require(broom) # nice for making our results in neat tibbles
require(emmeans) # for marginal means calculations
# a shameless plug for a function I wrote called Plot2WayANOVA
# optional for you
devtools::install_github("ibecav/CGPfunctions")
library(CGPfunctions)
theme_set(theme_bw()) # set theme
str(diamonds)
```

```
## Classes 'tbl_df', 'tbl' and 'data.frame': 53940 obs. of 10 variables:
## $ carat : num 0.23 0.21 0.23 0.29 0.31 0.24 0.24 0.26 0.22 0.23 ...
## $ cut : Ord.factor w/ 5 levels "Fair"<"Good"<..: 5 4 2 4 2 3 3 3 1 3 ...
## $ color : Ord.factor w/ 7 levels "D"<"E"<"F"<"G"<..: 2 2 2 6 7 7 6 5 2 5 ...
## $ clarity: Ord.factor w/ 8 levels "I1"<"SI2"<"SI1"<..: 2 3 5 4 2 6 7 3 4 5 ...
## $ depth : num 61.5 59.8 56.9 62.4 63.3 62.8 62.3 61.9 65.1 59.4 ...
## $ table : num 55 61 65 58 58 57 57 55 61 61 ...
## $ price : int 326 326 327 334 335 336 336 337 337 338 ...
## $ x : num 3.95 3.89 4.05 4.2 4.34 3.94 3.95 4.07 3.87 4 ...
## $ y : num 3.98 3.84 4.07 4.23 4.35 3.96 3.98 4.11 3.78 4.05 ...
## $ z : num 2.43 2.31 2.31 2.63 2.75 2.48 2.47 2.53 2.49 2.39 ...
```

Okay just crossing `cut`

and `color`

would give us 35 cells in a table of means
( 5 levels times 7 levels). I’ve also admitted I’m a cheapskate and don’t want a
huge diamond so let’s pare our data down a bit to something more manageable. So
let’s use `dplyr`

to create a subset of the data where we focus on “fair” and
“good” cuts, and colors “E”, “F”, and “G” with a carat weight of less than 1.75.
This is also a good time to admit I cheated and peeked and saw that the data
were likely to be very unbalanced `table(diamonds$color, diamonds$cut)`

, so at
this point I’m also going to force our data into a balanced design by ensuring
that we randomly sample the same number of data points into each cell. I’ve used
set.seed so you should be able to reproduce the same dataset if you choose.

```
set.seed(1234)
diamonds2 <- filter(diamonds,
cut %in% c("Fair", "Good") &
color %in% c("E", "F", "G") &
carat < 1.75)
diamonds2 <- droplevels(diamonds2)
one <- diamonds2 %>% filter(cut == "Fair" & color == "E") %>% sample_n(218)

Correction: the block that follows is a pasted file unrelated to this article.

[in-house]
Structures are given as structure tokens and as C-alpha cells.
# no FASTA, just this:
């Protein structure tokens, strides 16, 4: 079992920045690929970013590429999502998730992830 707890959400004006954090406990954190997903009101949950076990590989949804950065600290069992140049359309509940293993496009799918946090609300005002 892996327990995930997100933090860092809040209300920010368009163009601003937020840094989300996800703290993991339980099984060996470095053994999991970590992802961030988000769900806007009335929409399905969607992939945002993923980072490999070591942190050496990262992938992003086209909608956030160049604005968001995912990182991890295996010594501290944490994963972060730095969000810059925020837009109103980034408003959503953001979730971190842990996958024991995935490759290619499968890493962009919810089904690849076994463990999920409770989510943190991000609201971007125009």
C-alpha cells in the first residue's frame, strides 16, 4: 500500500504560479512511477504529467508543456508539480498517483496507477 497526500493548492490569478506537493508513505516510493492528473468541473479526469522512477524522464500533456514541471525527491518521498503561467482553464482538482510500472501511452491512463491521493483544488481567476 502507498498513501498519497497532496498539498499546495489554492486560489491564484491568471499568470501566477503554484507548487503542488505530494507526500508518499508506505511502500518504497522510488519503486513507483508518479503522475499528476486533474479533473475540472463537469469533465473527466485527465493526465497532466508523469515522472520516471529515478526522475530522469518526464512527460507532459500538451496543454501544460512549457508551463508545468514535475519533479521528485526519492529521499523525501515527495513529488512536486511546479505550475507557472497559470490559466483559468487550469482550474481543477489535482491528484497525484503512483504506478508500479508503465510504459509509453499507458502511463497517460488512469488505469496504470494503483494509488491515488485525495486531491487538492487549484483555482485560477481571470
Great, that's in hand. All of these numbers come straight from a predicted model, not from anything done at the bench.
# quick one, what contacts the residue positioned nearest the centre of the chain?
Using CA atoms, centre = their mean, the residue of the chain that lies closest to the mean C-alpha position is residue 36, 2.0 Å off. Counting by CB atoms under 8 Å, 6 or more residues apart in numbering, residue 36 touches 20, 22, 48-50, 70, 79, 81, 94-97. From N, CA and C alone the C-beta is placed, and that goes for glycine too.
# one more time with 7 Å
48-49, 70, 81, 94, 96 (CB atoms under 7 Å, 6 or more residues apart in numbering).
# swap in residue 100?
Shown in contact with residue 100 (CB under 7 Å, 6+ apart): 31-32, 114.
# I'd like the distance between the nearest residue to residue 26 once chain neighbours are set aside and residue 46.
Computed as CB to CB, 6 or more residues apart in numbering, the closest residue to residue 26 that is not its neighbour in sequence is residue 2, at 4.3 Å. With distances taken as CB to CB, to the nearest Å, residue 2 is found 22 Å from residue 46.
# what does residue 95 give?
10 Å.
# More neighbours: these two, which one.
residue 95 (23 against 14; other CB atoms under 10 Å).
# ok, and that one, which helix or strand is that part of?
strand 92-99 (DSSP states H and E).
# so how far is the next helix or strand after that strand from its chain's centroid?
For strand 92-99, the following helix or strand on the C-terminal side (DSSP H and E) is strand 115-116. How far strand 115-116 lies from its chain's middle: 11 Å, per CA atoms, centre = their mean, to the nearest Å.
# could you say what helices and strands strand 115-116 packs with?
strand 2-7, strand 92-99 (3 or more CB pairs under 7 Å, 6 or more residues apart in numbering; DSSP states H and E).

two <- diamonds2 %>% filter(cut == "Fair" & color == "F") %>% sample_n(218)
three <- diamonds2 %>% filter(cut == "Fair" & color == "G") %>% sample_n(218)
four <- diamonds2 %>% filter(cut == "Good" & color == "E") %>% sample_n(218)
five <- diamonds2 %>% filter(cut == "Good" & color == "F") %>% sample_n(218)
six <- diamonds2 %>% filter(cut == "Good" & color == "G") %>% sample_n(218)
diamonds2 <- bind_rows(one, two, three, four, five, six)
str(diamonds2)
```

```
## Classes 'tbl_df', 'tbl' and 'data.frame': 1308 obs. of 10 variables:
## $ carat : num 0.92 1.01 0.5 1.32 1 0.5 0.31 0.51 0.34 0.4 ...
## $ cut : Ord.factor w/ 2 levels "Fair"<"Good": 1 1 1 1 1 1 1 1 1 1 ...
## $ color : Ord.factor w/ 3 levels "E"<"F"<"G": 1 1 1 1 1 1 1 1 1 1 ...
## $ clarity: Ord.factor w/ 8 levels "I1"<"SI2"<"SI1"<..: 3 3 3 2 6 2 4 3 7 4 ...
## $ depth : num 65.6 65.3 66.5 65.2 65.4 58 54.2 55.8 54 64.7 ...
## $ table : num 57 59 58 58 56 67 63 61 56 58 ...
## $ price : int 3407 4844 1098 6221 7918 851 814 1340 1012 813 ...
## $ x : num 6.1 6.13 4.87 6.86 6.28 5.26 4.61 5.43 4.8 4.63 ...
## $ y : num 6.07 6.19 4.9 6.79 6.2 5.17 4.51 5.35 4.76 4.67 ...
## $ z : num 3.99 4.02 3.25 4.45 4.08 3.02 2.47 3.01 2.58 3.01 ...
```

### A note on balanced designs

As I noted earlier I’m really not interested in digressing to talk about why the
concept of a balanced design is important to your work. Please do consult
Learning Statistics with R for more
details. At this point I’m simply going to encourage you to always use “Type II”
sums of squares from the `car`

package if there is any chance your design is
unbalanced. If your design is balanced they give the same answer. The contrast
you choose is also if you are unbalanced and are using Type III.

Are unbalanced designs completely wrong and to be avoided at all costs? Not exactly… here are three things they impact in order of likelihood.

- They always impact your power, you ability to detect significant differences. Your power is limited by the size of your smallest cell.
- They usually impact your ability to divide the sums of squares cleanly to 100%. You may wind up with unexplained variance that is due to an effect but you won’t which effect. This is different than unexplained (residual variance).
- The least likely but most worrisome is that it will mask an important relationship in your data.

### Back to the diamonds

Before we look at ANCOVA lets run an ANOVA. We have two ordinal factors for
independent (predictor) variables `cut`

and `color`

and one dependent (outcome)
variable the `price`

. A classic two-way ANOVA. We could simply run `aov(price ~
cut * color, diamonds2) and then a bunch of other commands to get the
information we need. I found that a bit tedious and annoying plus I wanted to be
able to plot the results to look at any possible interactions. So I wrote a
function. Everything in it you can do by hand but I think it does a pretty good
job wrapping the process in one function. So …

```
Plot2WayANOVA(price ~ color * cut,
diamonds2,
mean.label = TRUE)
```

```
##
## You have a balanced design.
```

```